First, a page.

Print this topic

HealthInfo Waitaha Canterbury

Overview of spinal injuries

Important

If you suspect that someone has a back or neck injury:

Nerves carry messages from your brain to other parts of your body along your spinal cord.

Your spinal cord runs from the top of your neck at the base of your skull to your tail bone. The bones in your spine protect your spinal cord.

There are about 200 new spinal cord injuries a year in New Zealand. The spinal cord can be injured by an accident (70%) or by an illness (30%) like an infection or tumour.

About 73% of accidental (traumatic) spinal cord injuries happen to men. The most common types of accident to cause a spinal injury are falls (42%), vehicle accidents (27%) and sports (19%).

A spinal injury is when your spinal cord is damaged leading to a loss of function. This loss of function can be loss of strength, loss of feeling (sensation) or both.

The parts of the body affected by this are those controlled by the nerves in the spine below the level (position in the spine) of the injury.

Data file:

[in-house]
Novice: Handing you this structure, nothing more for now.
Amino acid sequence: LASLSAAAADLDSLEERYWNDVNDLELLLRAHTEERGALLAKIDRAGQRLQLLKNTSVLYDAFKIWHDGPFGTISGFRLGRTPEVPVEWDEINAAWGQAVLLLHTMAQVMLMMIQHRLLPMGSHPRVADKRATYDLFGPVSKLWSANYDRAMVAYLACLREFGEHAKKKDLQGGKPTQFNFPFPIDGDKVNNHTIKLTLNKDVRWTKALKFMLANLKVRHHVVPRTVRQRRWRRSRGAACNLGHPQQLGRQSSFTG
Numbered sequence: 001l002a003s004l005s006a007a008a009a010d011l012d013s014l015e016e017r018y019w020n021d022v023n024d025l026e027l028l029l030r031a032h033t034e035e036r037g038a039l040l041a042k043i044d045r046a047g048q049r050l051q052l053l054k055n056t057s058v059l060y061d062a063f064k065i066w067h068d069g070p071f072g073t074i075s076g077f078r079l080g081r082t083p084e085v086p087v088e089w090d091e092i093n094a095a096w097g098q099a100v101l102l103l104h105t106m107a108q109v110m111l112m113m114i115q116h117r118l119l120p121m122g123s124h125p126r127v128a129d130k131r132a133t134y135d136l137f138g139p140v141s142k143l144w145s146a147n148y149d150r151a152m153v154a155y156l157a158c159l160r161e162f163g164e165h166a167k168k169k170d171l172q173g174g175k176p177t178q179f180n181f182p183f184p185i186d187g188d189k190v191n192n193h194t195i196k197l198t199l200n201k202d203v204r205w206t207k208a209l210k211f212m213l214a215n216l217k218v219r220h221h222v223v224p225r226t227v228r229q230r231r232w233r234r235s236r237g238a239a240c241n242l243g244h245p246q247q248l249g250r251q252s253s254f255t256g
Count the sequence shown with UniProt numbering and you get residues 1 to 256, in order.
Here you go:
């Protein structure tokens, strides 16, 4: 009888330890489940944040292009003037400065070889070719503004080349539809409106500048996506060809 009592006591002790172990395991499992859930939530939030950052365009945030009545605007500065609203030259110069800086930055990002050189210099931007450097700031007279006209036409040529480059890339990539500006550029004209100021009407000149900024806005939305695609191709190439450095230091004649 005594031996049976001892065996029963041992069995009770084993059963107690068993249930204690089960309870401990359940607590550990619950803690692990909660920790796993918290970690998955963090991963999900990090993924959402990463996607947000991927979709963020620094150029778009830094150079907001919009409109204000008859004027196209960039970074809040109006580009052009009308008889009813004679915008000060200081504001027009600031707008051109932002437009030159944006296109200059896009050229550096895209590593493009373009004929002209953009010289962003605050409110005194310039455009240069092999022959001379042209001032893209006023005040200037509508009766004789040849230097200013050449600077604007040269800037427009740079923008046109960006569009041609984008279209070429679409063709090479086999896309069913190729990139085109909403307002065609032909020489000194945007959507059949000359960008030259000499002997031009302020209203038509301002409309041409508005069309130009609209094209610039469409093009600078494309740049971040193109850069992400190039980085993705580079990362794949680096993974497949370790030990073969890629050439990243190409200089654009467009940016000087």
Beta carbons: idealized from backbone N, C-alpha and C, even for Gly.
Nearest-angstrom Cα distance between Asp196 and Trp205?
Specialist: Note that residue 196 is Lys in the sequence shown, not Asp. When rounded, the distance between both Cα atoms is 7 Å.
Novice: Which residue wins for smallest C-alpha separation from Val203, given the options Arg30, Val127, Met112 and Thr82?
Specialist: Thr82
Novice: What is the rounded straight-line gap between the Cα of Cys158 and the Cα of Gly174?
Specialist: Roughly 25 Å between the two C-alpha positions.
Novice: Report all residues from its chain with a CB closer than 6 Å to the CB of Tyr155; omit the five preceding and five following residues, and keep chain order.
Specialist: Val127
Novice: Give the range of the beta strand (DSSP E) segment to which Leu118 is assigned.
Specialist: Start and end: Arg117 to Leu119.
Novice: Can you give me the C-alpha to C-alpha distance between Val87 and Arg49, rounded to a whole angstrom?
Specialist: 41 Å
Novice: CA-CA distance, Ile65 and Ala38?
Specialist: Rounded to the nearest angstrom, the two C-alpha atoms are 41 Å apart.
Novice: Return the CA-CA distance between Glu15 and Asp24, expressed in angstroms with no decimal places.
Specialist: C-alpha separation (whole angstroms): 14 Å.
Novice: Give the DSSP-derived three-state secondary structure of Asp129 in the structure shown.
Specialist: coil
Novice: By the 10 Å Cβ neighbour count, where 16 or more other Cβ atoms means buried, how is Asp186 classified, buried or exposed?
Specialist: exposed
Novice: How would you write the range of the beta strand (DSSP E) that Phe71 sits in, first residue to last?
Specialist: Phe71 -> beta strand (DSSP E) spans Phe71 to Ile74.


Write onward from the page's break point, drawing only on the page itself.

The level of the injury is really important as it determines which body areas are affected. The lowest level of the cord that is undamaged is called the neurological level.

Injuries are also classified as how severe they are:

You might also hear these names to describe the type of paralysis:

If the spinal cord is completely cut, the damage is usually permanent. In other types of spinal injury, the cord might recover.

With the right help, most people with a spinal cord injury can lead full and independent lives. They can work and join in many recreational activities.

On the next page: Diagnosing spinal injuries

Written by HealthInfo clinical advisers. Page created December 2023.

Sources

Page reference: 1288647

Review key: HILBP-103167